The Seattle/King County Coalition on Homelessness is calling on the Seattle City Council to respond to the urgent unmet needs of homeless people with a new emergency investment of $10 million in shelter and services in the 2016 budget. This figure represents a realistic assessment of how our city can significantly reduce how many people are homeless outside in our city, starting this winter. These are not intended to be comprehensive recommendations – they are serious proposals that will help more people get their fundamental needs met through a strengthened and expanded network of emergency survival services.
More information about how we recommend $10 million be used most effectively is below. YOUR voice is crucial: if you live, work, or spend time in Seattle, Mayor Murray and City Council Members need to hear from you today. Simple instructions for how to Take Action are at the bottom of this post!
We recommend that Council use the current budget process to allocate new resources to:
- Bring 750-1000 people indoors beginning this winter: Increase overnight shelter capacity and expand daytime services that meet people’s needs
- Keep homeless people safer and healthier while they are outside: Take a public health/harm reduction approach to assisting people outside
- Build on and reinforce our existing network of shelters and survival services: Extend hours and enhance staffing and programming where possible; find and fill in gaps between what people need and what is available
Estimated costs and specific opportunities:
I. Open additional overnight shelter for 1000 people: $6.5 million*
- This conservative cost estimate presumes that Seattle will work to maximize capacity at existing programs (offer longer service hours or enhanced services or increased staffing support) and open additional shelters by working with local non-profit organizations, leveraging publicly-held properties, and calling on the private sector to join faith communities in offering space (both buildings and parking lots), financial and in-kind support, and volunteers to keep rental, utilities, and tenant improvement costs low.
- The city has an immediate opportunity to open year-round shelter for 50-100 adults in partnership with King County in the currently vacant King County-owned building at 4th and Jefferson St. $500,000 (See our previous post and letter to King County Executive Dow Constantine and the King County Council here.)
II. Assist people in organized tent camps and those who are living outside by supporting health and hygiene, and providing additional daytime services
- Basic operating support for organized tent cities: $250,000 – $500,000. These funds would support healthy and stable operations at existing and new organized camps, including sanitation (trash removal; porta potties; materials and other operating expenses).
- Increased access to basic health and hygiene services for people who are homeless: $250,000 – $500,000. Fund extended hours and days of service at hygiene centers and work to increase access to public restrooms (with or without staffing) through partnerships with public and private entities.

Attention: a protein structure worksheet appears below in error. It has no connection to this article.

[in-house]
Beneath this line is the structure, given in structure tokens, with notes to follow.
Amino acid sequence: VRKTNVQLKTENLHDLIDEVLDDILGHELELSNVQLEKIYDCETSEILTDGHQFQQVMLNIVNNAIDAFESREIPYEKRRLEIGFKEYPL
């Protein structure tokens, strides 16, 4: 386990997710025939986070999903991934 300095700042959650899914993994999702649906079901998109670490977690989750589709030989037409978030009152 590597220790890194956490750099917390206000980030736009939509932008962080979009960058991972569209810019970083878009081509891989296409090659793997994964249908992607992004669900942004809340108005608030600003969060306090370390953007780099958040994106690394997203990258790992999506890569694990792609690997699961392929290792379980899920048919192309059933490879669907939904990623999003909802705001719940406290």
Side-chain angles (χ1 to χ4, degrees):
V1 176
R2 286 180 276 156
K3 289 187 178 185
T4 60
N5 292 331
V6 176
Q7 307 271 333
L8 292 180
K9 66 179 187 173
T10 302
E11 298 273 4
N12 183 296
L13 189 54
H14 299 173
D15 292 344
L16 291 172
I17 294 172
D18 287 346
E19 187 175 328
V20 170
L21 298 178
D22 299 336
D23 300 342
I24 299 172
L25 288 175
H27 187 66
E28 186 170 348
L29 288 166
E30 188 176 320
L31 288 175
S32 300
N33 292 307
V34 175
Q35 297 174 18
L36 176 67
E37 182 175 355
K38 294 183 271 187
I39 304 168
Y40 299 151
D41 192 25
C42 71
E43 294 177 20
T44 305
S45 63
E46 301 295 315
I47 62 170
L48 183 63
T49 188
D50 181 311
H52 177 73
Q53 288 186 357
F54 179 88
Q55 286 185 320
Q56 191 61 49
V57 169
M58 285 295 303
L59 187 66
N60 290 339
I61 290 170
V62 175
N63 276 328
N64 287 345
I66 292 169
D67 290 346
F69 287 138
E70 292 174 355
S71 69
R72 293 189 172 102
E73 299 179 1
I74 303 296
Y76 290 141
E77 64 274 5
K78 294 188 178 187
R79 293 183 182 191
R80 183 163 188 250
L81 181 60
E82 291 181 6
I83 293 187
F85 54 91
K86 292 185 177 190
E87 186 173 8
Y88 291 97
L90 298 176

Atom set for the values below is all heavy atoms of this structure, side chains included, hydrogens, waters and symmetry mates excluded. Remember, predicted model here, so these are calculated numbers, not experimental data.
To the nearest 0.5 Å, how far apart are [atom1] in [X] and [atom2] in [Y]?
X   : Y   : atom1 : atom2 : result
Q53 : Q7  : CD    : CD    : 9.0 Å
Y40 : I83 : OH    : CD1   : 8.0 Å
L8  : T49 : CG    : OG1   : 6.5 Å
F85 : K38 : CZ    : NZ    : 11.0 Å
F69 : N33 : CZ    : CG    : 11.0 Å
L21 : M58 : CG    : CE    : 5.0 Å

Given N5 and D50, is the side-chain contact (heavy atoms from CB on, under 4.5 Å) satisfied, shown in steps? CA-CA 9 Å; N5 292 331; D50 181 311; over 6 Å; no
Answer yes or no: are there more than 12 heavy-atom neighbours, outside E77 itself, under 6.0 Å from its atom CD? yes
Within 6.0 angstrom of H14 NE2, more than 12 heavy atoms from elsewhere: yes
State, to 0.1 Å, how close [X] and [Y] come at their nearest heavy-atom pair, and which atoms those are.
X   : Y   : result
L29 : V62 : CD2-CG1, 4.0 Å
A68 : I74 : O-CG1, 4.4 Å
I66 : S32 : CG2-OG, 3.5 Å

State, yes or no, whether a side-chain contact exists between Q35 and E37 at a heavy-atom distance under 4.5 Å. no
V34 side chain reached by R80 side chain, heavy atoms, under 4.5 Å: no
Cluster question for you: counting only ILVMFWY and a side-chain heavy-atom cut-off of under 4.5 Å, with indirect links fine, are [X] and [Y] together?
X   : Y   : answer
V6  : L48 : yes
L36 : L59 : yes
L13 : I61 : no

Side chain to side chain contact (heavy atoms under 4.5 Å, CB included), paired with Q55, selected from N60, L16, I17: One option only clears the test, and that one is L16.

- Daytime safety and flexible support for people without shelter: $750,000. Extend hours and days of service at existing sites and offer new daytime programs so that people can move beyond survival mode, and focus on other activities.
III. Support crucial components of our homeless service system while leveraging maximum federal dollars: $1.75 million
- We recommend that the 2016 budget includes $1.75 million to ensure that we do not lose valuable services that support homeless children, youth, families, and adults, and that we position the community as a whole to secure the most federal funds for homeless housing. Five local programs that currently receive about $3.5 million annually through the Department of Housing and Urban Development (HUD), may lose this source of funding in 2016. This is not a reflection of the value of these programs or the services offered, but is the result of federal funding priorities shifting. These programs provide valuable supports ~ other than housing ~ that homeless families and individuals in Seattle need and benefit from, including child care assistance; medical respite; public health services; case management for youth and young adults; and employment assistance for adults.
All nine City Councilmembers need to hear from you TODAY. They are making decisions about what will and will not be part of the budget right now. You can influence what happens for real people who are homeless in our community by using your voice in one (or more) quick ways.
- E-mail: Email all nine Seattle City Councilmembers. Please also let Mayor Murray hear from you: use this form.
- Phone Call: Call the office of any, and multiple, Seattle City Councilmembers.
- Postcard: Write a message, sign, and mail a postcard in an envelope with a 1st class stamp.
Sample message: “I urge you to respond to the growing crisis of homelessness by creating more indoor shelter and services (day and night) immediately. Thousands of people are outside, struggling to survive, while public buildings stand empty or underused. Funding for human services is not enough to meet the needs in our city. Local leaders must respond more strongly. The current state is unacceptable. Please act now to bring more people inside by making an emergency investment of $10 million for survival services.”